I'm a little late to this princess party, but this was something I took personally. I was a bit of a feisty tomboy with a princess streak growing up, and it's been interesting to watch where each of my six daughters has fallen on the spectrum. But like me, they weren't as concerned about how a heroine looked. It was about her character. We admired that each Disney princess was a strong, independent woman, even if she did end up falling for her Prince Charming.
Then along came Merida in the Oscar-winning "Brave." She was head and shoulders above the others in her determination no to be put on the typical princess track -- so much like my daughter, Deirdre. (Though she is not a fellow ginger, Deirdre even has the long curly -- often tameless -- locks that Merida has.) Now I was not a mom who shunned Barbie dolls or princess parties -- I'm teaching my girls that a woman can be smart and beautiful, rugged and feminine -- but it was disappointing to discover that Disney had given Merida a glam makeover.
The creator and co-director of "Brave" -- who thanked her daughter for being an inspiration when accepting the Academy Award for animated feature film -- called the makeover "atrocious." The new image also seemed in direct contrast to the promotional video that Disney put out at the same time entitled "I Am a Princess" that celebrates being "normal" while still doing great things.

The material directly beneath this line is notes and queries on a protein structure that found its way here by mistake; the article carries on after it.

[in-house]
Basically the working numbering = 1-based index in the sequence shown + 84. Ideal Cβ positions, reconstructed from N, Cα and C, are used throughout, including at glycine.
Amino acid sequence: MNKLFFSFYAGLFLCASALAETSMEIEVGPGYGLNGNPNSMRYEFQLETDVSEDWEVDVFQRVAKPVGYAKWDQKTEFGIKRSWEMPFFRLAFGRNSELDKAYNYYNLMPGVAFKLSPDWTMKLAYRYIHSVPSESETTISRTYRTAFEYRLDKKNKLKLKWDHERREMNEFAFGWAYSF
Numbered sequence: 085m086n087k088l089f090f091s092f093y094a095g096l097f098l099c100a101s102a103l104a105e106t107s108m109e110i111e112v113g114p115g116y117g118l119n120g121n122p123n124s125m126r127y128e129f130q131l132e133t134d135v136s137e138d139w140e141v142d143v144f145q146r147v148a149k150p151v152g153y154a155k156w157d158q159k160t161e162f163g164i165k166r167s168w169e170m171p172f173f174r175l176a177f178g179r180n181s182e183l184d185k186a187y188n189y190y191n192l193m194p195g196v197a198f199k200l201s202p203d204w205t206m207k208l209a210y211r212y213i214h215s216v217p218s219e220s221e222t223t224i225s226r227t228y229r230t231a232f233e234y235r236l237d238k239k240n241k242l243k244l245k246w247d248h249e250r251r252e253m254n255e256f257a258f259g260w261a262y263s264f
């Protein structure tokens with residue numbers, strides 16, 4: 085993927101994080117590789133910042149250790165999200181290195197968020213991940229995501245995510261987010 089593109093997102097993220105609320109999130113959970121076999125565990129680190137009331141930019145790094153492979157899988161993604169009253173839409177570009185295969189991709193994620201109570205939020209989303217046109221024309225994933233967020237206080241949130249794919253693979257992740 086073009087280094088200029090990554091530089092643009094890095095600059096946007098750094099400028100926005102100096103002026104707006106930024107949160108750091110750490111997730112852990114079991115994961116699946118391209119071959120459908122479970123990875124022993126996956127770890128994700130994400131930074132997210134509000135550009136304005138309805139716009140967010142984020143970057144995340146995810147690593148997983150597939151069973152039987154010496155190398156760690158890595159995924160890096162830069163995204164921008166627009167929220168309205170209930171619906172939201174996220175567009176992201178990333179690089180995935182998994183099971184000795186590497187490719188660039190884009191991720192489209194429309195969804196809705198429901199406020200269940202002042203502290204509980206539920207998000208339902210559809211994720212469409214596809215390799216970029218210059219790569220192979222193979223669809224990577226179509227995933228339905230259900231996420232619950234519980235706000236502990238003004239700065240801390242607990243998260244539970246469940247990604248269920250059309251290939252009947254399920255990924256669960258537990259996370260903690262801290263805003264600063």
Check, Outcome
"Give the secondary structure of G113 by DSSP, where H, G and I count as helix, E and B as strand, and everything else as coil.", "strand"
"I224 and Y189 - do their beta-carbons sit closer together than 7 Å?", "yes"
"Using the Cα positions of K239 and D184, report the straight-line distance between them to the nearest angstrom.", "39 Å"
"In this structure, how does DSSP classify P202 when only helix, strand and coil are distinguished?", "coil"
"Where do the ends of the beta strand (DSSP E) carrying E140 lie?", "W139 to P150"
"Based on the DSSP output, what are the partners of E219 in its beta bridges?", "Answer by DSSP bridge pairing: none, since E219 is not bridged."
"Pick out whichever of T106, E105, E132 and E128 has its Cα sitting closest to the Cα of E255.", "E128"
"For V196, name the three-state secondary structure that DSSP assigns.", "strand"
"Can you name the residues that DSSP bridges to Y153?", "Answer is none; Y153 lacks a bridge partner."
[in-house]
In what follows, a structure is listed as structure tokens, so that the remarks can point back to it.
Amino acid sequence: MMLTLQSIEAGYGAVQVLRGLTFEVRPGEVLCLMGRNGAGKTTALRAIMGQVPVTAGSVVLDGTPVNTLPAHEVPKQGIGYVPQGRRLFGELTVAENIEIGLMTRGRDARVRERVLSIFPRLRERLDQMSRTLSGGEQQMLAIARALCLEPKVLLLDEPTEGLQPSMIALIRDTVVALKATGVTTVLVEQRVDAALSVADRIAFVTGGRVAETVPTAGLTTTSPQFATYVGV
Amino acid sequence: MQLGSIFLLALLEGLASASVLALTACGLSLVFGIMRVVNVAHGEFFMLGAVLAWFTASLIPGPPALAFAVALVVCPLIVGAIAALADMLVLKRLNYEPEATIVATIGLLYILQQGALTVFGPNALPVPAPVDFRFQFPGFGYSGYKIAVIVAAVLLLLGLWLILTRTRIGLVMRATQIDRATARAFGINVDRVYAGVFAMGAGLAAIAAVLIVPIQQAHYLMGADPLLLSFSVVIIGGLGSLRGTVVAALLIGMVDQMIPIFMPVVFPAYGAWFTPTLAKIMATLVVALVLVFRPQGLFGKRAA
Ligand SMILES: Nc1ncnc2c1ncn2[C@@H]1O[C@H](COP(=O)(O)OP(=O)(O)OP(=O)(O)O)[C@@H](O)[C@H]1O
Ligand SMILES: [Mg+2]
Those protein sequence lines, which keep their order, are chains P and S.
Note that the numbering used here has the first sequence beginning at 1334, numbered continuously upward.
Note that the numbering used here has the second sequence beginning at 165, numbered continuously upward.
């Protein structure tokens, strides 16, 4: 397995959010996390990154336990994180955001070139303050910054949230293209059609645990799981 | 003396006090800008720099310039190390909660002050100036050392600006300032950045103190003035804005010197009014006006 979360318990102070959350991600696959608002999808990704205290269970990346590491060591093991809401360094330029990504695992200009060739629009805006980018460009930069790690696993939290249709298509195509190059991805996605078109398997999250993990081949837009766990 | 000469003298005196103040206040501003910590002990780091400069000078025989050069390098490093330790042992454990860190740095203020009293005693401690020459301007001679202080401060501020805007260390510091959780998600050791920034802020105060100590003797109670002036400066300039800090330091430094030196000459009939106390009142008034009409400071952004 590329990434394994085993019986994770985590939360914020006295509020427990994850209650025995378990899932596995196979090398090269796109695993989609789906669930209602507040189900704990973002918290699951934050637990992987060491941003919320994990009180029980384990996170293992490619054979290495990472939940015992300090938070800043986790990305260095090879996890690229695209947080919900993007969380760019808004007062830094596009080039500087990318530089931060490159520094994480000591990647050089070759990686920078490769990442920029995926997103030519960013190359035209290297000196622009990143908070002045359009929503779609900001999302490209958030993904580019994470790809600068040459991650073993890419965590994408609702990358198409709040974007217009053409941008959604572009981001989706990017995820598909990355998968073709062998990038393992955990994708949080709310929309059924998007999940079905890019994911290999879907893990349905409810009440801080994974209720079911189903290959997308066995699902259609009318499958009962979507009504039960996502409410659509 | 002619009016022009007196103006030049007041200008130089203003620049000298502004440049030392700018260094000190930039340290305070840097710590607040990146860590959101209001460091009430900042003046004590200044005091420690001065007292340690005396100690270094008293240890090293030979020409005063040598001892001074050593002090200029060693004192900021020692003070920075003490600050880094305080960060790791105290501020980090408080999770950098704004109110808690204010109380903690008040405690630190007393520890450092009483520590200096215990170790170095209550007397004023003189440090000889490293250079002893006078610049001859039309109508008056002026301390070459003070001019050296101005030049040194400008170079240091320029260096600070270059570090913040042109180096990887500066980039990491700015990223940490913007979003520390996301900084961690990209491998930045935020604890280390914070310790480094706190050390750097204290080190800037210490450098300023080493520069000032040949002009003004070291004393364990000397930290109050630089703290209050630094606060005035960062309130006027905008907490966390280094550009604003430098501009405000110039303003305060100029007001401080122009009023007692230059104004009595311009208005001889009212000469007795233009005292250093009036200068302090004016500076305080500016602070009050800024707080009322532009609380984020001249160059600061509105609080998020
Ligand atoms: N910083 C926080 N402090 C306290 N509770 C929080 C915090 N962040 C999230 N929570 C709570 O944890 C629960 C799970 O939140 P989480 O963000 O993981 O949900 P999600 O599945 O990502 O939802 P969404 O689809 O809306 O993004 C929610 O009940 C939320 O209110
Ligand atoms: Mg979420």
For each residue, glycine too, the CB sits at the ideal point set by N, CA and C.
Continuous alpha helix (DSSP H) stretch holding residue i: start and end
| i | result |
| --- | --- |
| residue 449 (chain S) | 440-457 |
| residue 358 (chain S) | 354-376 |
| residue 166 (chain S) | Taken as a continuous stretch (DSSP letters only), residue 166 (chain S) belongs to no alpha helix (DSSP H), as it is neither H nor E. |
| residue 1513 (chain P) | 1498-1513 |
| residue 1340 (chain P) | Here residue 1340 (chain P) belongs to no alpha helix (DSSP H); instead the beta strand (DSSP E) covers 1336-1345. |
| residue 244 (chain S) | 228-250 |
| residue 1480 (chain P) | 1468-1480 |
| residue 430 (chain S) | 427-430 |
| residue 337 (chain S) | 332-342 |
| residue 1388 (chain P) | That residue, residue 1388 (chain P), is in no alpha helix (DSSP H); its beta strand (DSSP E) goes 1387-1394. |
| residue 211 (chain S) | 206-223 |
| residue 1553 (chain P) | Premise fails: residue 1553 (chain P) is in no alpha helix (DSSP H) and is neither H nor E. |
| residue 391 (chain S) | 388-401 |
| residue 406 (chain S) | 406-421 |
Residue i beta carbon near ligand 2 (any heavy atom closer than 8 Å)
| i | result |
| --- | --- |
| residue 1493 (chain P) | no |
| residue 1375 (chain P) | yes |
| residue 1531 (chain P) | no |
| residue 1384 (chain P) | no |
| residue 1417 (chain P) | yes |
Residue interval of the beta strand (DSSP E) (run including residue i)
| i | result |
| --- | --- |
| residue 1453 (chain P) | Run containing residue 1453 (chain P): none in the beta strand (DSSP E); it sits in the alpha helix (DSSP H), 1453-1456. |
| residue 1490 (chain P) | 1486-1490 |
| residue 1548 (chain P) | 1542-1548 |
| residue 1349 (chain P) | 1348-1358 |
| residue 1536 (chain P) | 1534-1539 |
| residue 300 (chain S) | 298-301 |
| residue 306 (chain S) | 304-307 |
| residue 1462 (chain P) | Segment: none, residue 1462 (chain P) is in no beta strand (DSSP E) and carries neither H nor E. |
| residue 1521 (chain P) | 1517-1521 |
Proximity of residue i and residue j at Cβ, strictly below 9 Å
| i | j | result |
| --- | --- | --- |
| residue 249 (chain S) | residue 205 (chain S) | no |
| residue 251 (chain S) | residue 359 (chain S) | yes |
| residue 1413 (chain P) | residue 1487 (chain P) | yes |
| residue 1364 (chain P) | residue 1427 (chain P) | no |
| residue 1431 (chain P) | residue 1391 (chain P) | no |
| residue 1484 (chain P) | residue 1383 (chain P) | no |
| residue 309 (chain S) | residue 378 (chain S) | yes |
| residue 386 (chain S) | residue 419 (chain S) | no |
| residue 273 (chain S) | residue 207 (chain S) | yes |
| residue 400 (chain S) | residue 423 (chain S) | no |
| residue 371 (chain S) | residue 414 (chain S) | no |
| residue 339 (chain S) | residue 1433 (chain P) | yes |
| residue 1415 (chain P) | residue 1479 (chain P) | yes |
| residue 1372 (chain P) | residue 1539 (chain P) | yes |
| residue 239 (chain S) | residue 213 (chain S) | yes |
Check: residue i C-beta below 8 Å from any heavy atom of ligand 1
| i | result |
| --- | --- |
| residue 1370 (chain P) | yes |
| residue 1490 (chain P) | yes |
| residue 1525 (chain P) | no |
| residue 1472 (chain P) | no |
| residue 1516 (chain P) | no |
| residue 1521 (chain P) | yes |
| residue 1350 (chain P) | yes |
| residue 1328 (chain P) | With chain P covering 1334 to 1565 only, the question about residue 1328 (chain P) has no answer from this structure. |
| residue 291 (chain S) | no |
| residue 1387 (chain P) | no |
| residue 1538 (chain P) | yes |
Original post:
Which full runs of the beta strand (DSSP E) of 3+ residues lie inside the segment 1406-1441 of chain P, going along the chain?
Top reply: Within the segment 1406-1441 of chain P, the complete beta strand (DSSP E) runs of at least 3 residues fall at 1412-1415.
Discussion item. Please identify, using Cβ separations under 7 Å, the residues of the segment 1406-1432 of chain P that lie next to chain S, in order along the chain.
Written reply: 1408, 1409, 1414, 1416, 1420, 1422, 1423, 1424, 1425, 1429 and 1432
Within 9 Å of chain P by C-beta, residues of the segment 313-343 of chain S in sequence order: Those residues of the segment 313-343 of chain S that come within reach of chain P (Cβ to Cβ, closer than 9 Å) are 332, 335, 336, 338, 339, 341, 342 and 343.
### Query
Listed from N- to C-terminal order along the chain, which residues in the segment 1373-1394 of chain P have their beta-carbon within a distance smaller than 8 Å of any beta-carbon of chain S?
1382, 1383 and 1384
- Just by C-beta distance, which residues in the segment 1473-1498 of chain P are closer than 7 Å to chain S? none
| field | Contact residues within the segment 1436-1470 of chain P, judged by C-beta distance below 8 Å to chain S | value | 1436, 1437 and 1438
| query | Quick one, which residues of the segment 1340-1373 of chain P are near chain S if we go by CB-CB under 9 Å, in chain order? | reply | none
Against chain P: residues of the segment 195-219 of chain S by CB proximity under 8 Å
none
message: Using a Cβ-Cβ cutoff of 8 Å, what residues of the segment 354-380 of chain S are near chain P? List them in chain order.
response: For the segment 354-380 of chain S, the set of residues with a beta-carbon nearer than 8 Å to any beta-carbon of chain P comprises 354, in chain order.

Sure, you could argue that the new image was simply Merida a few years older. But how could you argue that a young girl who couldn't be bothered with the constraints of fashion would suddenly look like a runway model? She sprouted luxurious eyelashes, lost her normal-sized waistline -- and where the devil was her bow, quiver, and arrows?!
Now, being the strong, independent girl that she is, Deirdre rolled her eyes at this development and didn't let it bother her. But she agreed that we should still speak up and let Pixar and co. know that we feel they have betrayed the very essence of Merida's story. That the heroine of "Brave" is all about breaking the mold, not conforming to it.
And it seems Disney has responded to the backlash. If you go to her page on their website now, there is no sign of the made-over Merida. The original may look a little out of place in the line-up of doe-eyed princesses, but that's the way we like her. Power to the "normal" princesses.
UPDATE: Apparently the success of the petition regarding Merida by change.org has prompted them to take on another Disney princess. They are now asking that Mulan be returned to her normal appearance.